Comcast recovers from outage of video, broadband services across parts of US
Comcast, the nation's largest broadband provider and one of the largest pay-TV providers, had a nationwide outage of some services Friday.
The Philadelphia-based company said it was aware Friday afternoon some of its TV, broadband and telephone customers across the U.S. were affected.
The apparent cause? A pair of cuts in vital fiber at its network partners.
âWe identified two, separate and unrelated fiber cuts to our network backbone providers," Comcast said in a statement provided to USA TODAY just before 5 p.m. ET. "Our engineers worked to address the issue immediately and services are now being restored to business and residential internet, video and voice customers. We again apologize to anyone who was impacted.â
Initially, Comcast had said a single "fiber cut" had been affecting its customers, as well as other prov iders.
Customers in Philadelpha, Baltimore and elsewhere on the east coast reported outages of internet and video service on Twitter and on Internet monitoring site Downdetector.com, where outage reports began arriving just after 12:30 p.m. ET.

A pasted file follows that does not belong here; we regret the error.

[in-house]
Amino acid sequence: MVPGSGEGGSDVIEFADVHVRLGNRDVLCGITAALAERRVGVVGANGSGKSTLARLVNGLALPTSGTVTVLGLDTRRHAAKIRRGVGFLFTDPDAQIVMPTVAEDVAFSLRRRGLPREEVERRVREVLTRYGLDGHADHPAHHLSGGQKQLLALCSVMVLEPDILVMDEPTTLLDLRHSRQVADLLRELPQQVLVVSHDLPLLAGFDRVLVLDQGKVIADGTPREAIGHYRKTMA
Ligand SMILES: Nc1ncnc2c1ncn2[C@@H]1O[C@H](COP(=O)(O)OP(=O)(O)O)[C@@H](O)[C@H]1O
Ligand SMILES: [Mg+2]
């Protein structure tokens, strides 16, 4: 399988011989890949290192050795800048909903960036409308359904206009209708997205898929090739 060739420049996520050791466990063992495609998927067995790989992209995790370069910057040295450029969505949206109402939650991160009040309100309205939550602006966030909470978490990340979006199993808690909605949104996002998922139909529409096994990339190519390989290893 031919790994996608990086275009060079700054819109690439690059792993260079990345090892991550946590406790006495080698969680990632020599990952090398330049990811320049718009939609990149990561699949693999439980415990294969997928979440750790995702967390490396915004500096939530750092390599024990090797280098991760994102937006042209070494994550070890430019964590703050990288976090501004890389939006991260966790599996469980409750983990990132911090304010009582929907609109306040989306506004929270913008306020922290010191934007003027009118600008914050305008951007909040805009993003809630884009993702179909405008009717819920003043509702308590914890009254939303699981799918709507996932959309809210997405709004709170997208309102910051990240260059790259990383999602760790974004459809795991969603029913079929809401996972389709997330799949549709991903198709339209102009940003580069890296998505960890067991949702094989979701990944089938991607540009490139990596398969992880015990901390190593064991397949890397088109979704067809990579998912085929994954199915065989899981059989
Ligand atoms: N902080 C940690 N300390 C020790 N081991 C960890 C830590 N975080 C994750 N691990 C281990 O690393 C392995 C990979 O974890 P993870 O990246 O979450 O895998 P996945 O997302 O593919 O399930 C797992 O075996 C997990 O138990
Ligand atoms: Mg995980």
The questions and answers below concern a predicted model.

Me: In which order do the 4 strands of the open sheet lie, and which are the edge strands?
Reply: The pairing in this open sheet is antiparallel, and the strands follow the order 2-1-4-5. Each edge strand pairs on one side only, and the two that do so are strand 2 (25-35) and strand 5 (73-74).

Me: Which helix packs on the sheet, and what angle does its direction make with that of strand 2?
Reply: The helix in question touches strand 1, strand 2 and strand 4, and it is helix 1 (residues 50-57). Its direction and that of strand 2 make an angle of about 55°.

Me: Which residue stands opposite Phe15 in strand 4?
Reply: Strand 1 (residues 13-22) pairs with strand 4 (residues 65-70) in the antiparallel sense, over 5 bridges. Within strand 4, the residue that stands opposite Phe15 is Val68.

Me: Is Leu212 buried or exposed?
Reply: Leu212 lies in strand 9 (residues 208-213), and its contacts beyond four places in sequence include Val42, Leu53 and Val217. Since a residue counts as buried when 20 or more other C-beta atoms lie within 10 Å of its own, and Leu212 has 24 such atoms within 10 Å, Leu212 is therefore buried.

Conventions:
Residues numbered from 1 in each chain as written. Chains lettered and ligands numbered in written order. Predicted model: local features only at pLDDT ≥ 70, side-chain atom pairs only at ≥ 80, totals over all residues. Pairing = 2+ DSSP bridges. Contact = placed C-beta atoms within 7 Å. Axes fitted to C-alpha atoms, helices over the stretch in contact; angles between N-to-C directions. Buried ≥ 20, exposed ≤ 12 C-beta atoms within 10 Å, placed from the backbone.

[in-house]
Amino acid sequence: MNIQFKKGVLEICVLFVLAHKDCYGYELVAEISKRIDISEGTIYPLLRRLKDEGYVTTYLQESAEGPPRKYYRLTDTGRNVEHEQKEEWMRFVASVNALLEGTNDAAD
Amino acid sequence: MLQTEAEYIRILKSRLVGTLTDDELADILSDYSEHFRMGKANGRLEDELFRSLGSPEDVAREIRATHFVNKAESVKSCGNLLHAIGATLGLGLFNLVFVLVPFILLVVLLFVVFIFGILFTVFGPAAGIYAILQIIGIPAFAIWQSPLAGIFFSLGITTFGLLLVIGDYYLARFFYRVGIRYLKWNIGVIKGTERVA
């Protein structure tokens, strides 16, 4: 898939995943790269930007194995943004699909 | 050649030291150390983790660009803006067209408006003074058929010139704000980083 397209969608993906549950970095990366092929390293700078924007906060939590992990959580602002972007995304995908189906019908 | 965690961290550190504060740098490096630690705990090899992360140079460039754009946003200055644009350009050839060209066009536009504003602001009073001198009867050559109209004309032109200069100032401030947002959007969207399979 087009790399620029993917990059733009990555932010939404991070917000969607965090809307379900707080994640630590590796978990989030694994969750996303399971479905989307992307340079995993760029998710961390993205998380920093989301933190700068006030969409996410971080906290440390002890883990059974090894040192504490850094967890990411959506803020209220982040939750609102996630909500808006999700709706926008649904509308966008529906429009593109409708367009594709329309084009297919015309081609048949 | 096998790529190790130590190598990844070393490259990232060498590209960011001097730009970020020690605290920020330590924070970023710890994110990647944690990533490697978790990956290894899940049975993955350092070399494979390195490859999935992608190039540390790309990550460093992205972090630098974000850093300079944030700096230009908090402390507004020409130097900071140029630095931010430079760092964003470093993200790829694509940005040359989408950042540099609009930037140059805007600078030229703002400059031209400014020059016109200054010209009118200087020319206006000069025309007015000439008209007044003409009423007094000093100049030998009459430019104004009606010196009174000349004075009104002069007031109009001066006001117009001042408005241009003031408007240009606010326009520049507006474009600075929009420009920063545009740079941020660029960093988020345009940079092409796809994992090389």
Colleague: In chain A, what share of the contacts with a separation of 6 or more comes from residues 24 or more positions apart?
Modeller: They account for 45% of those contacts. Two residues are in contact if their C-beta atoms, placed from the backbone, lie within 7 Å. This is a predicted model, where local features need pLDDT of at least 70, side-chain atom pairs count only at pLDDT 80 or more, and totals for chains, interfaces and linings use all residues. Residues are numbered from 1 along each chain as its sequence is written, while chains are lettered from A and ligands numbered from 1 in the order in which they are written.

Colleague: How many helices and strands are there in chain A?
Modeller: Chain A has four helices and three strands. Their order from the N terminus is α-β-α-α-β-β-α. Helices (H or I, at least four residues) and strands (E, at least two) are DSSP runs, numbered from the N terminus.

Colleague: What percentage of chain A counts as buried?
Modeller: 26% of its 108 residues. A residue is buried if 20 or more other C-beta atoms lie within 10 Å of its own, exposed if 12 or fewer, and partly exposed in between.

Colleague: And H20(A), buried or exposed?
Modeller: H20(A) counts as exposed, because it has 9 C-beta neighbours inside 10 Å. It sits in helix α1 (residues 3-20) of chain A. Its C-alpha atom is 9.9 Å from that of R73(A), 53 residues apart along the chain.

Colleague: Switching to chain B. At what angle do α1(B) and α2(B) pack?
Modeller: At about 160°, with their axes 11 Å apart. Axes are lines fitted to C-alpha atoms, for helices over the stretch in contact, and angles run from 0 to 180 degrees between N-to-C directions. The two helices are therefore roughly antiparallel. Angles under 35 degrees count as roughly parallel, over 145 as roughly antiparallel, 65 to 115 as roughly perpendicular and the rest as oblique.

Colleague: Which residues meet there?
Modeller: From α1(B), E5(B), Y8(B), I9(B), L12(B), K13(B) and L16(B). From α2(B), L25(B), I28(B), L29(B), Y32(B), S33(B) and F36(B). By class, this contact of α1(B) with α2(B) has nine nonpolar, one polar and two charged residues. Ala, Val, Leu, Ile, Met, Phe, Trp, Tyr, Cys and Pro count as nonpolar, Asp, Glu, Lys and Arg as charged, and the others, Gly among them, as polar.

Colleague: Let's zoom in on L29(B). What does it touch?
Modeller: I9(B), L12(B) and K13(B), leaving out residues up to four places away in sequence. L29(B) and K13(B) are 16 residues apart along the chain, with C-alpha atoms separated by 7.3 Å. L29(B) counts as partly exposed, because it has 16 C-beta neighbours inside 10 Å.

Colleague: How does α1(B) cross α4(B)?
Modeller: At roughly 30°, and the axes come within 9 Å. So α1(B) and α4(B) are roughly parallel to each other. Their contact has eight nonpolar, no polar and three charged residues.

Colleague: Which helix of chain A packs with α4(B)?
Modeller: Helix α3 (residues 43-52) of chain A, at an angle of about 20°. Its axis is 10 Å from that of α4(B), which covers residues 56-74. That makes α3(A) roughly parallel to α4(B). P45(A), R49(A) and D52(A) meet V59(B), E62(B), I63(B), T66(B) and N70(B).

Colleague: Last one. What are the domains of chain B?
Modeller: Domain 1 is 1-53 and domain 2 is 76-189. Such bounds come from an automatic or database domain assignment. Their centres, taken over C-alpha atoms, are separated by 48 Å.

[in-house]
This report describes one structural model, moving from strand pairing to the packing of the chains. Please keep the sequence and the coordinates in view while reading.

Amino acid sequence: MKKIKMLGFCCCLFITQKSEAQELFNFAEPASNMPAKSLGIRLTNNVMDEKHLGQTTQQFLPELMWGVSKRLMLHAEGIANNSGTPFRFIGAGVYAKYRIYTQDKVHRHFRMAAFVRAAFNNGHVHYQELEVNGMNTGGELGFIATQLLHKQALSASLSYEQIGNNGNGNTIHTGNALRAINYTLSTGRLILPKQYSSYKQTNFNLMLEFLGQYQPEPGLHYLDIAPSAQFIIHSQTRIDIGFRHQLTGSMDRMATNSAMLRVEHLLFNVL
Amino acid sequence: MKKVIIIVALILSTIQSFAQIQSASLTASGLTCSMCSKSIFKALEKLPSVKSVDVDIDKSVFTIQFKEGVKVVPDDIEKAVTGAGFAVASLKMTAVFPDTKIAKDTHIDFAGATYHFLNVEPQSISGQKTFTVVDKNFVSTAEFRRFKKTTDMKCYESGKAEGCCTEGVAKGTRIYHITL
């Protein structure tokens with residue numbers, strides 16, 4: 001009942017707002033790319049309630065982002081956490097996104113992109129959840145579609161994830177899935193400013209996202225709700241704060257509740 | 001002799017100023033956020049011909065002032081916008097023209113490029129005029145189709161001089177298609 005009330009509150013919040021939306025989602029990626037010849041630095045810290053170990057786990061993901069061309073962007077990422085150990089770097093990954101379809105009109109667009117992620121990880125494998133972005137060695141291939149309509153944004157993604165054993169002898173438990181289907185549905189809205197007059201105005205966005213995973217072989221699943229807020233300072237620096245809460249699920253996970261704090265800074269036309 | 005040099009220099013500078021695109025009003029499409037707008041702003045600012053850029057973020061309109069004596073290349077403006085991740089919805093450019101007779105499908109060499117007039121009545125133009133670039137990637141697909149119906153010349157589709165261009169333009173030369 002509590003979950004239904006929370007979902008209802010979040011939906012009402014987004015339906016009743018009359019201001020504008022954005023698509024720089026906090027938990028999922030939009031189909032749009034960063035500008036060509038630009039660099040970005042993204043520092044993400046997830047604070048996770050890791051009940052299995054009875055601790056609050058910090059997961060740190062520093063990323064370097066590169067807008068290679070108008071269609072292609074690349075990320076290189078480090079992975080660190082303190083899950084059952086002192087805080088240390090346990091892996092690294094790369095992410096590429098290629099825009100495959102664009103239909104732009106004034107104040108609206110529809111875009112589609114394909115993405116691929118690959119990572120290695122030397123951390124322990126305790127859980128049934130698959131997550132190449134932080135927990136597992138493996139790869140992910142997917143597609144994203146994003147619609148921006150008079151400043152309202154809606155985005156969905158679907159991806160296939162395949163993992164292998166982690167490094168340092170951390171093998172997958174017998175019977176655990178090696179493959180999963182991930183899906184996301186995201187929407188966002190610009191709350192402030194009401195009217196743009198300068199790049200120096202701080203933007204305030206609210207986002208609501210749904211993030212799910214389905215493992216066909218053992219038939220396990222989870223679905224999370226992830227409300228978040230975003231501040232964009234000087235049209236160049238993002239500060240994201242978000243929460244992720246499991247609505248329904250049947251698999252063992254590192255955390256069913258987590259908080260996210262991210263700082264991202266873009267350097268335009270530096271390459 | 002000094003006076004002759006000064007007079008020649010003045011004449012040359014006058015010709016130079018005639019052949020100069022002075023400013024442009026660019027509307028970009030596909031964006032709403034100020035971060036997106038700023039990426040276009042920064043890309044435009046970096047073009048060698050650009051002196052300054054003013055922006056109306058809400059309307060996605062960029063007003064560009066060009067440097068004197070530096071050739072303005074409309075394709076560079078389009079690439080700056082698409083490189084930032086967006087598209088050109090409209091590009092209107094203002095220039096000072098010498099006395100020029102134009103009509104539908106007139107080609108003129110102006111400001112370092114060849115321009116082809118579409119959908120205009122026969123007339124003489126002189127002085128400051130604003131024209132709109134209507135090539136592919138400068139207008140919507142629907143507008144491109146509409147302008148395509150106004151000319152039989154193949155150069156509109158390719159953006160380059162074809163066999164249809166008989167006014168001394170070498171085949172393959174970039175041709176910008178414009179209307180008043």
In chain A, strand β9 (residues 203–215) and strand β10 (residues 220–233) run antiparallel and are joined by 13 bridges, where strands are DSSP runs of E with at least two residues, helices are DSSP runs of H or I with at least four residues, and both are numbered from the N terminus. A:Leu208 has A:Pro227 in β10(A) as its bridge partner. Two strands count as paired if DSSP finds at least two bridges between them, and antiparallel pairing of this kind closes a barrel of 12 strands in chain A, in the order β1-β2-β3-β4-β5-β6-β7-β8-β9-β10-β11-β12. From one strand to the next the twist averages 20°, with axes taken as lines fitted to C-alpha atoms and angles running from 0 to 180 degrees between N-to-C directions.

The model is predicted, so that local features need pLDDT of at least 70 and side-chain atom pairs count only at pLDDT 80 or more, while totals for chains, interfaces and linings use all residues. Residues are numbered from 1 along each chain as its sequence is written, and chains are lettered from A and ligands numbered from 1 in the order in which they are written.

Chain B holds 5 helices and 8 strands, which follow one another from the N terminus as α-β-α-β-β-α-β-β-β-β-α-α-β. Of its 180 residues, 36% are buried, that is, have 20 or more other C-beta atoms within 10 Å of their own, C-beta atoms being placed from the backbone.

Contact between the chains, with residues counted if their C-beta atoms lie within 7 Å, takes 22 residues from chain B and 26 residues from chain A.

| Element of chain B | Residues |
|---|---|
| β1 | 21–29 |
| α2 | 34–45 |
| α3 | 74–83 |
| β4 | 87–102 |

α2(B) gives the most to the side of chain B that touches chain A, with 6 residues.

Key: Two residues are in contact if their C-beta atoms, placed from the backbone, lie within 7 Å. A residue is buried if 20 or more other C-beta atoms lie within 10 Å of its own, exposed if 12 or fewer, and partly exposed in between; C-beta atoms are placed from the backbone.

Other reports of outages from Comcast customers were from Seattle, San Francisco and Atlanta, according to Downdetector.com. CNBC, a network within Comcast-owned NBC Universal, first reported the outage.
Comcast is one of the nation's largest pay-TV providers with more than 22 million subscribers, and the largest broadband provider with more than 26 million subscribers, according to Leichtman Research Group. The company also provides broadband and video to more than 2 million businesses.
San Francisco-based Network monitoring and intelligence firm ThousandEyes began seeing network issues across the Net beginning about 12:15 p.m. ET. By about 4:30 p.m. ET, network issues were appearing to be resolved, the firm said.
Many internet users beyond Comcast's own 25 million subscriber base were affected, too, according to ThousandEyes. That's because other traffic travels across the provider's network, because it serves as part of the backbone connecting various regions of the nation. "This is a really good illustration of how interconnected a lot of these networks are," said Angelique Medina, senior product marketing manager at ThousandEyes.
"It is kind of like a domino effect. Any one provider can potentially have a big impact on a number of users," she said. "In this case, because it was Comcast, the blast radius was just massive."Â© 2018 USATODAY.COMSource: Google News US Business | Netizen 24 United States